Surgery is a local treatment for breast cancer, meaning it only treats the part of the body operated on. It may cure the cancer if it is completely contained in the breast. The two main types of breast cancer surgery are breast-conserving surgery (surgery to remove the tumour), and a mastectomy (surgery to remove the entire breast). In most cases, the earlier a cancer is detected, the easier it is to remove it. Surgery may not be the best option is the cancer has spread, or is at an advanced stage. According to the NHS, studies have shown that breast-conserving surgery followed by radiotherapy is as successful as a mastectomy at treating early-stage breast cancer.
Chemotherapy is treatment with cell killing (cytotoxic) drugs, of which over 100 are currently available, and new ones are being developed all the time. Chemotherapy may be received by an injection into the bloodstream, a drip into the bloodstream through a vein, or via tablets or capsules. Chemotherapy may be given to breast cancer patients after surgery to reduce the risk of the cancer coming back. If breast cancer has spread beyond the breast and lymph nodes to other parts of the body, chemotherapy won't cure the cancer. However, it may shrink the tumour, relieve the symptoms and help lengthen lifespan.
Radiotherapy uses radiation, typically X-rays, to treat cancer, by destroying the cancer cells in the breast by damaging the cells’ DNA. The aim is to give a high dose of radiation to the cancer cells and as low a dose as possible to the surrounding healthy cells, which can then recover because they are better at repairing themselves than the cancer cells. Radiotherapy is usually given to breast cancer patients after surgery and chemotherapy, and four types are available:
Hormone therapy may be used to treat cancers that are hormone sensitive or hormone dependent, which may include breast cancer. Hormone therapies may slow down or halt the growth of cancer by stopping hormones being made, or preventing hormones from making the cancer cells grow and divide. For breast cancer patients who are deemed suitable this type of treatment, the different types of hormone therapies include tamoxifen, aromatase inhibitors and luteinising hormone (LH) blockers. Tamoxifen, one of the most common hormone therapies for breast cancer, works by stopping the hormone oestrogen from reaching the cancer cells.
A new study published in the New England Journal of Medicine provided strong evidence that for some women with early stage breast cancer hormone therapy may be more effective than chemotherapy.
Using a gene-based test called Oncotype Dx, doctors can determine how potentially aggressive a tumour may be. A recurrence score between 0 and 100 is produced after 21 genes in the tumour are scanned, and generally speaking the lower the score, the more likely it is that drug therapy will be enough to treat the cancer.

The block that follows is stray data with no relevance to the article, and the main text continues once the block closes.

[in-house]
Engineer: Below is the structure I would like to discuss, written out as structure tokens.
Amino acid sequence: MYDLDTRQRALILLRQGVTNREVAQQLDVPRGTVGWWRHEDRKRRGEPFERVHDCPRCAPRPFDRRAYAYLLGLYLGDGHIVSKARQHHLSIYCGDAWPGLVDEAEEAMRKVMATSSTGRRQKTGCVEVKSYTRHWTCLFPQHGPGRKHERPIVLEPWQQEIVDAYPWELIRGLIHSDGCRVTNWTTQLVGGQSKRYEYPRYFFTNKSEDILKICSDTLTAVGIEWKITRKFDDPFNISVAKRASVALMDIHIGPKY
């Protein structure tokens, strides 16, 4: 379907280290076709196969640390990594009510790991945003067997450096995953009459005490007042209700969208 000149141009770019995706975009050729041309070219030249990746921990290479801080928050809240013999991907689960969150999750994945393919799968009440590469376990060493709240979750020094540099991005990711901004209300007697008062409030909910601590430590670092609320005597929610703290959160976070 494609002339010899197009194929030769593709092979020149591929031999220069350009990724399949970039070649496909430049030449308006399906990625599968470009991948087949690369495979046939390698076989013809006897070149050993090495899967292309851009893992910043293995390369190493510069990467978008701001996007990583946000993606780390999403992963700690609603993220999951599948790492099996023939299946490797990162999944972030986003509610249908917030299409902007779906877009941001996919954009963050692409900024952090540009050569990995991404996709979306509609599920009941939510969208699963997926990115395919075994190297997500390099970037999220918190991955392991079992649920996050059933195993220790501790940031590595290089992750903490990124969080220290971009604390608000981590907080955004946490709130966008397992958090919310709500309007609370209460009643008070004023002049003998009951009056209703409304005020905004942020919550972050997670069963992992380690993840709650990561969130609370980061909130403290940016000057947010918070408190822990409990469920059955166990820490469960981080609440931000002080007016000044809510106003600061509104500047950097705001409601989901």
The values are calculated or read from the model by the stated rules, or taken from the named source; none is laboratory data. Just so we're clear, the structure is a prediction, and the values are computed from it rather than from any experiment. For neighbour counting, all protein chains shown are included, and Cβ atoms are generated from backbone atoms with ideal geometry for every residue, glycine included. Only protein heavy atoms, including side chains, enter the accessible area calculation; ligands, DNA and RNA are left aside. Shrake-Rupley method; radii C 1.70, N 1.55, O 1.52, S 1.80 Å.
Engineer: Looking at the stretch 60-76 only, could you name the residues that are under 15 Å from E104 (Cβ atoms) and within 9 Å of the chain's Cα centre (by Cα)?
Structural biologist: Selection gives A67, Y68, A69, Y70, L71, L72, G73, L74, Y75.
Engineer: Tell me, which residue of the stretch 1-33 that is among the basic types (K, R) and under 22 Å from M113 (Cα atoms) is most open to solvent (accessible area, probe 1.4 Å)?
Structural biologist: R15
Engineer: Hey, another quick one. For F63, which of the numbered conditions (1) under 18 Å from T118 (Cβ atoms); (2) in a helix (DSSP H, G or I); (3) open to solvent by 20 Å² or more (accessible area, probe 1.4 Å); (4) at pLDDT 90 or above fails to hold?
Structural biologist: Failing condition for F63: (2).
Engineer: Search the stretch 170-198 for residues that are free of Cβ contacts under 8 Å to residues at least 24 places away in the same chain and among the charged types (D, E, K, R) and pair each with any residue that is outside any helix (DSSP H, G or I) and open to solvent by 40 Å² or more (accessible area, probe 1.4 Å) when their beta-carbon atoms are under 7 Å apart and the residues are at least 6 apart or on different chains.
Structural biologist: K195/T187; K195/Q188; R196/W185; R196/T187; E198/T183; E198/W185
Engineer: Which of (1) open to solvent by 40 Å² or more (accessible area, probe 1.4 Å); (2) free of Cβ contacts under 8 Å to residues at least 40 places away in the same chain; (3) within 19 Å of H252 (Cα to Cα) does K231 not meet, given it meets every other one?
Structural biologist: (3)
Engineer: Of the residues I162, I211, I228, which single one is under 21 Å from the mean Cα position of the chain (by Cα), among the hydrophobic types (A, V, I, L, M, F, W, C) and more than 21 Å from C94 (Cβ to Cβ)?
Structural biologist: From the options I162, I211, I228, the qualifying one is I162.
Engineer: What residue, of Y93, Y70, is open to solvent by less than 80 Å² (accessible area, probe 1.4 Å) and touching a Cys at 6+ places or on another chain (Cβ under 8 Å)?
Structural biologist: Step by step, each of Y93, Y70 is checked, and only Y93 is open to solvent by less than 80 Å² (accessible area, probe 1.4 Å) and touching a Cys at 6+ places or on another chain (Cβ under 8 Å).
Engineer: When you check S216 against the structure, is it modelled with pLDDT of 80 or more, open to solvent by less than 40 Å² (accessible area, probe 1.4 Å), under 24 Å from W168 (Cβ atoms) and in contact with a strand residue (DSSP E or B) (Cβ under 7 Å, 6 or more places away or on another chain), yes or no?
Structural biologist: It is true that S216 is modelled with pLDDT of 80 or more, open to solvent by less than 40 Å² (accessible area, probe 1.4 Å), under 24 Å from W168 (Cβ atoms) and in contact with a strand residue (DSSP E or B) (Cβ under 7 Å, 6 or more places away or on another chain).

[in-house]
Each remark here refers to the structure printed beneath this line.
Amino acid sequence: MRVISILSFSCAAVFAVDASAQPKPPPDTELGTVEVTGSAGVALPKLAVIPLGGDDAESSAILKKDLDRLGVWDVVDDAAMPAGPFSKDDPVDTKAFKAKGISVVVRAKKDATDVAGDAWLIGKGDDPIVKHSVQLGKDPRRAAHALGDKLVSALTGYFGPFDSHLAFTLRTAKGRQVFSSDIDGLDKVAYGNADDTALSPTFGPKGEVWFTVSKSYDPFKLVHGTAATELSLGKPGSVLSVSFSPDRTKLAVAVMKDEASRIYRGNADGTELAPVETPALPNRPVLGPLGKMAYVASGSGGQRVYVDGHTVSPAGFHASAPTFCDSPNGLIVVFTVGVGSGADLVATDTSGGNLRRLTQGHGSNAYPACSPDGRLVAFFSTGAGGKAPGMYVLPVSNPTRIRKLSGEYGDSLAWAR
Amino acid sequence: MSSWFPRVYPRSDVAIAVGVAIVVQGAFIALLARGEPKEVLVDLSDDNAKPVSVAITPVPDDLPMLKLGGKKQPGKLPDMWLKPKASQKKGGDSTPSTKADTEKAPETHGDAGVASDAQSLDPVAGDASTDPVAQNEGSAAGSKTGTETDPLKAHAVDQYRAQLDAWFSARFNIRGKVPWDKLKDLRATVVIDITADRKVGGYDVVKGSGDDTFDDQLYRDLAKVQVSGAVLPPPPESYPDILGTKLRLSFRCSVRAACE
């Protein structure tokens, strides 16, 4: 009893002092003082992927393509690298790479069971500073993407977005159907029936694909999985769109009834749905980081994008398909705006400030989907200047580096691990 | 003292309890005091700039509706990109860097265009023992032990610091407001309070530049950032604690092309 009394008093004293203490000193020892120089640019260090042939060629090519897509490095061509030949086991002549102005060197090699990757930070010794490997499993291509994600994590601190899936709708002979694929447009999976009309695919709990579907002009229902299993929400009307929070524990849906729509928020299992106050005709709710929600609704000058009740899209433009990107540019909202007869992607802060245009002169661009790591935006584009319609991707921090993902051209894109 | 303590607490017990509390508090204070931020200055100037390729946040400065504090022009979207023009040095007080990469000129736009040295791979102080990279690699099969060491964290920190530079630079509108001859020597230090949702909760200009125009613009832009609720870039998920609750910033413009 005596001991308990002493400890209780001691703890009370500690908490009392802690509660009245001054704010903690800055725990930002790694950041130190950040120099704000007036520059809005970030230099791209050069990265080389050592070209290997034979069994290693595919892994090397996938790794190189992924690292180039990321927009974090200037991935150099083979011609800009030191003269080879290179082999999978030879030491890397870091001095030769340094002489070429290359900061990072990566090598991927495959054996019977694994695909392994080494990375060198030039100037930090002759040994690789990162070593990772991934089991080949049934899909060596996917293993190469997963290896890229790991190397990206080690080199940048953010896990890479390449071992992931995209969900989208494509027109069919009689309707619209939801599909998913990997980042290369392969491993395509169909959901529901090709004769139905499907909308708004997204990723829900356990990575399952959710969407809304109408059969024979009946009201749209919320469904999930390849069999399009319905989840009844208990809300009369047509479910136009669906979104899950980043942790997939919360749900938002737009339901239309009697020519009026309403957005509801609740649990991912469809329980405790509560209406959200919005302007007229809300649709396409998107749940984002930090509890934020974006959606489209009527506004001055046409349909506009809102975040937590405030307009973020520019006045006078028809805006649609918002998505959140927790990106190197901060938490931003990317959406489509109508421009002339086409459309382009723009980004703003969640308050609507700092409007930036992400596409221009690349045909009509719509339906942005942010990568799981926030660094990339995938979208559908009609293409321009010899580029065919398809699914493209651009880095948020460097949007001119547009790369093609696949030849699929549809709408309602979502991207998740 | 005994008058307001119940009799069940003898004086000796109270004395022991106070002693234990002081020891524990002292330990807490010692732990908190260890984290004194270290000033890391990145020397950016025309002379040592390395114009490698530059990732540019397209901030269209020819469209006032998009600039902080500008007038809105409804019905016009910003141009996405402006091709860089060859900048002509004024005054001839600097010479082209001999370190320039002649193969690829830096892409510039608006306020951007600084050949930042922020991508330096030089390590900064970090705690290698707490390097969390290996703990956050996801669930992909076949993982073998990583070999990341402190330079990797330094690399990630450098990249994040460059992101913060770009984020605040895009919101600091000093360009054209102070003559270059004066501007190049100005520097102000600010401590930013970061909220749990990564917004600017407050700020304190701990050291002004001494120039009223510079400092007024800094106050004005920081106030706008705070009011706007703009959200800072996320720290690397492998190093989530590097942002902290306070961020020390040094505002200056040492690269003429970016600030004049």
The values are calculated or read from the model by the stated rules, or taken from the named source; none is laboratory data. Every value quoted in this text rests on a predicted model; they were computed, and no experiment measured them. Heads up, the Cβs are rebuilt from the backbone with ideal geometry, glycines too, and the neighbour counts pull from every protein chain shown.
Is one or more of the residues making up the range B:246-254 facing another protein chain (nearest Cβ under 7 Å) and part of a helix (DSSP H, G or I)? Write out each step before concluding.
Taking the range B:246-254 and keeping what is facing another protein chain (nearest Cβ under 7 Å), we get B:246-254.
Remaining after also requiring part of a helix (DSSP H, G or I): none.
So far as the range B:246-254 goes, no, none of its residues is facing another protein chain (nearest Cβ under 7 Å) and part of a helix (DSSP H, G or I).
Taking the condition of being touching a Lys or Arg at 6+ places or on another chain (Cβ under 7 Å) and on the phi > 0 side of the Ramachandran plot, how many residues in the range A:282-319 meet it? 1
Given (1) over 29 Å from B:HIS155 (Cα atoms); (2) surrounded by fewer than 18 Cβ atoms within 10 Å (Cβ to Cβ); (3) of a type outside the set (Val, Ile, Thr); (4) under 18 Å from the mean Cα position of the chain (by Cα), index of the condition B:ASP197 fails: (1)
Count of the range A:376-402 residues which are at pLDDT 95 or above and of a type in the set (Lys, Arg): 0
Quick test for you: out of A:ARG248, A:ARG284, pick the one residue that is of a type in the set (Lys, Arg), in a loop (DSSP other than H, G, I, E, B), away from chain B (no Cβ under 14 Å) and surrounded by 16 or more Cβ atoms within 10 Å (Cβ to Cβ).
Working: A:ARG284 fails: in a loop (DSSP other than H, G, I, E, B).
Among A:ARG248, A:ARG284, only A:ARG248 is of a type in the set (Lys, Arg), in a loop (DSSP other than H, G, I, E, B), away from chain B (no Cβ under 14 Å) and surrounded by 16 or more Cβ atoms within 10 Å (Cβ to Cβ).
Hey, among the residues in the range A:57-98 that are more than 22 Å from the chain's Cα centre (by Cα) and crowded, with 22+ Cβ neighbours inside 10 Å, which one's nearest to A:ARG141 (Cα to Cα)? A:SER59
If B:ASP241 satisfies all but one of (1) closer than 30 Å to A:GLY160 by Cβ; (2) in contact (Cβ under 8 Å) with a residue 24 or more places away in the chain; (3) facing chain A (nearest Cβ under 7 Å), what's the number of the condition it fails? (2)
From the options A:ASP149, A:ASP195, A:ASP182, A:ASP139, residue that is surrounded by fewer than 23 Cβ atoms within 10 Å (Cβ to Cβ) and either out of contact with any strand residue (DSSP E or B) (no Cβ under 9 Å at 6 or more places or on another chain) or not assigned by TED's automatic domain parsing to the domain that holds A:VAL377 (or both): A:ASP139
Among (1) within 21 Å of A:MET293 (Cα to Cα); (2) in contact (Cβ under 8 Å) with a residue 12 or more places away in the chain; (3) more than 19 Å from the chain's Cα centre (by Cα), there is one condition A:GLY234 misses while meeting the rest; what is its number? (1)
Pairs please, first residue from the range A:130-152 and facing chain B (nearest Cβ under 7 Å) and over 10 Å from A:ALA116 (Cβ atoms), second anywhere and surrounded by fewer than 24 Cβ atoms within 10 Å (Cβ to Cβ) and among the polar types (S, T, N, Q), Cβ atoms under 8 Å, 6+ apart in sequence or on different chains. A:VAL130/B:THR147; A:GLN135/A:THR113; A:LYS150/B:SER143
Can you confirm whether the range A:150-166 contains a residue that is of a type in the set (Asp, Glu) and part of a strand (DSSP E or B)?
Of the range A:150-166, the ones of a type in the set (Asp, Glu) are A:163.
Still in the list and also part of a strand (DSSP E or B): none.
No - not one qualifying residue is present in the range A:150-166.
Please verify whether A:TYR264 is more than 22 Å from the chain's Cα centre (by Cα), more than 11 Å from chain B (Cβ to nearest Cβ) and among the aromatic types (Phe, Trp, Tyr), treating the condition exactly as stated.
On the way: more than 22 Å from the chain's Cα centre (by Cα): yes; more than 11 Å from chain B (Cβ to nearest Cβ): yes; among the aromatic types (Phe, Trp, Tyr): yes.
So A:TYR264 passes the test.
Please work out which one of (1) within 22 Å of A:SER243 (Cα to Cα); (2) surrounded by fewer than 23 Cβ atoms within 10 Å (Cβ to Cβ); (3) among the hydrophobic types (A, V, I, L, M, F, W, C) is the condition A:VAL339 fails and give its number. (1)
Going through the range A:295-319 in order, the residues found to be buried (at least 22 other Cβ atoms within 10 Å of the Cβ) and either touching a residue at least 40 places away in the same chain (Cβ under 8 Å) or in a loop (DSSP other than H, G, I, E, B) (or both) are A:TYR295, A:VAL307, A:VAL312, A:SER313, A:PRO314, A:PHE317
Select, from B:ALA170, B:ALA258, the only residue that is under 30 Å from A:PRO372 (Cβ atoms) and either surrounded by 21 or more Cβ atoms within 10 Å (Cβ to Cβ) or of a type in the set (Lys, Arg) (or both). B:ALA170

Previous Oncotype Dx studies used archived tumour samples, but the NEJM trial — the Trail Assigning Individualized Options for Treatment (TAILORx) — included 10,253 women diagnosed with breast cancer. They all had tumours with hormone receptors, meaning they would respond to hormone therapy, and the cancer hadn’t spread to the lymph nodes.
The women with an Oncotype Dx recurrence score of less than 11 — around 16 percent of the women in the study — were assigned hormone therapy only, without chemotherapy. And the results were impressive: 99 percent of them survived to five years, and had a less than 2 percent risk of recurrence.
Dr. Joseph Sporano, lead author of the study, told TIME: “What we’ve shown is that if you have a low recurrence score, you do really, really well with [hormone] therapy alone. The likelihood of responding to chemotherapy would be nill. So I think we can be much more confident in making the recommendation to just use [hormone] therapy alone especially in patients where we might have been a little skittish about recommending sparing chemotherapy.”
Biological therapy works by blocking the effects of a protein that stimulates the growth of breast cancers. This protein is called human epidermal growth factor receptor 2 (HER2), and a patient with high levels of HER2 who is deemed suitable to have biological therapy may be prescribed a medicine called trastuzumab, a monoclonal antibody. Received intravenously through a drip, it targets and destroys HER2-positive cancer cells. Typically, early breast cancer requires a session of trastuzumab (in hospital) once every three weeks, while more advanced cancer requires weekly sessions.
For more information about breast cancer treatments visit Cancer Research UK.
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